There are many misconceptions around disability. Often people picture the familiar image of a wheelchair user and assume that disability must be present from birth.
This can be the case, but most disabilities and long-term conditions are non-visible (over 90 per cent) and the majority (83 per cent) are acquired during working age. This means that many of us will become disabled during our working lives.
The physically demanding nature of the work means that construction may not be viewed as an obvious choice for disabled workers. Yet, it is estimated that 9.3 per cent of the construction workforce is disabled. But the impact of acquired disability on individual workers, and the sector, is less often discussed.
The prevalence of back injuries, upper limb disorders, and hearing loss, is widely known. But talking about your disability, and its impact on your needs as an employee, can be incredibly difficult, particularly in an industry like construction, where talking about anything which may be perceived as a ‘weakness’ may bring into question your suitability for employment.
For workers experiencing mental ill health, stigma can make beginning that conversation harder still, and, sadly, sometimes impossible.
A sobering statistic is that suicide is the main cause of death of men aged 15-49 across the UK. More sobering still is that the incidences of suicide among male construction workers are three times higher than in the male population as a whole, so it is not an exaggeration to say that creating a supportive workplace environment is vital.
The benefits for the employee of working in a supportive environment are clear, but what’s in it for the construction industry? Being inclusive is not just the ‘right’ thing to do, but is also good for business.
Diverse teams perform better and are more innovative
Creating an environment in which workers can be honest about their needs can also boost productivity and focus. Trying to conceal a disability or condition is tiring, and in sectors such as construction, even dangerous. Consider an employee struggling to read safety information, due to their dyslexia or because they are losing their sight. Workers need to feel able to tell colleagues about any needs they have, without fear of judgment.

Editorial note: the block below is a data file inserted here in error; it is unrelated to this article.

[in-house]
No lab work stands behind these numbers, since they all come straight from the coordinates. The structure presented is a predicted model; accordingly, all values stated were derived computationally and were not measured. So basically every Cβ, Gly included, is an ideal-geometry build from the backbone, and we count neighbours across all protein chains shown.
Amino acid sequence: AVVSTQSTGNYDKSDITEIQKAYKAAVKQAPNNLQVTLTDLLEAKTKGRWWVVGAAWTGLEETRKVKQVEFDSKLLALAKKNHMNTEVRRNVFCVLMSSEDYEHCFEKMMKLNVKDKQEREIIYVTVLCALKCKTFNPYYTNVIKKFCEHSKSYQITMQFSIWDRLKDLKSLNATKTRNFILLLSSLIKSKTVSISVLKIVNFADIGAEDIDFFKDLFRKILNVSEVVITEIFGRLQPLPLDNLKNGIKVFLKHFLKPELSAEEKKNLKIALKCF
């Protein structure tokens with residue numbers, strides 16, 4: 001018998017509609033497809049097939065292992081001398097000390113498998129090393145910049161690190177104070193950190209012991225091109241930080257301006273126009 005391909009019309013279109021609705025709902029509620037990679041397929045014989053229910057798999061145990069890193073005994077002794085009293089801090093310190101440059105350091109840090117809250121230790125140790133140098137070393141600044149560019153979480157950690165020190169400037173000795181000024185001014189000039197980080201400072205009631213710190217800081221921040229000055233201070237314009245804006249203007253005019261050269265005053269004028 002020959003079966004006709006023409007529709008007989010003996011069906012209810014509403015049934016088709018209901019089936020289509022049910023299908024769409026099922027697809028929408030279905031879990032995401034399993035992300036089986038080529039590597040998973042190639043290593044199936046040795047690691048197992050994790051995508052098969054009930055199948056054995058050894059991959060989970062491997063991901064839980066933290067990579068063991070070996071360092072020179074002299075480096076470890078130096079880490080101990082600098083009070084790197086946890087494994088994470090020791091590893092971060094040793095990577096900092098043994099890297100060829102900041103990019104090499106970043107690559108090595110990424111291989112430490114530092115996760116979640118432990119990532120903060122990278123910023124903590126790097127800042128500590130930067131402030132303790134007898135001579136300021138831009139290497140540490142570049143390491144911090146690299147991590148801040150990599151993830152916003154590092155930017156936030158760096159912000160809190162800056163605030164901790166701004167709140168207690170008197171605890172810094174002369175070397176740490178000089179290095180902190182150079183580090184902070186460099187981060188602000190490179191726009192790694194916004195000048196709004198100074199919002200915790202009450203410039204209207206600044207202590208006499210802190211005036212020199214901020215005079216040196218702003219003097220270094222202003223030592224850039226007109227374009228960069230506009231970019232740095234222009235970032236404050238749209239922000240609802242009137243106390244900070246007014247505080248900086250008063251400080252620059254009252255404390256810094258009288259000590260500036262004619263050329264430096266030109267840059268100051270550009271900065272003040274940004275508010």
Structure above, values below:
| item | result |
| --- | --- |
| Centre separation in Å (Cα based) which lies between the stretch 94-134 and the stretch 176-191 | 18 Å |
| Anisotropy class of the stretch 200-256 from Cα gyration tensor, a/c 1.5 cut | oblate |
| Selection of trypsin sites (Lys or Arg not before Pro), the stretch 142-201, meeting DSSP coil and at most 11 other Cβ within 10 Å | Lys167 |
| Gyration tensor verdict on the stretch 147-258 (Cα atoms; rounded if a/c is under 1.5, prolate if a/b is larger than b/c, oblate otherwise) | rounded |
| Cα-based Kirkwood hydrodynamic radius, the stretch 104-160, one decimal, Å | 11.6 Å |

And if you don’t meet the needs of disabled workers, you are reducing your talent pool. With employment levels reportedly at an all-time high, skilled, experienced workers may look to go elsewhere if their needs aren’t met.
Similarly, it becomes more difficult to attract in new talent. In 2017, 54 per cent of construction companies said that they were worried about skills shortages in the sector, with half reporting loss of business as a result. With Brexit’s impact still uncertain, I would argue that – with only half of disabled people currently in employment – the construction sector cannot afford to overlook the untapped potential of the disabled workforce.
So how can the construction industry attract and retain disabled employees? In short, culture change. We need to reframe the narrative so that it becomes acceptable to be disabled and to talk about disability in the construction industry.
Meaningful change must be led from the top, with senior leaders and managers starting the conversation by talking about their own disabilities and mental health conditions.
Team leaders also need to be given training on talking about disability, offering support, and knowing the workplace adjustments available. Our advice service takes many calls from members on this topic.
Finally, think about your recruitment processes. Consider the language used in the advertising of new posts. Think about different ways to test skills, such as work trials over formal interviews. Make it clear that adjustments are available for everyone, so candidates don’t feel awkward asking.
The potential benefits for the construction sector of an inclusive workforce far outweigh the efforts, so let’s begin the conversation.
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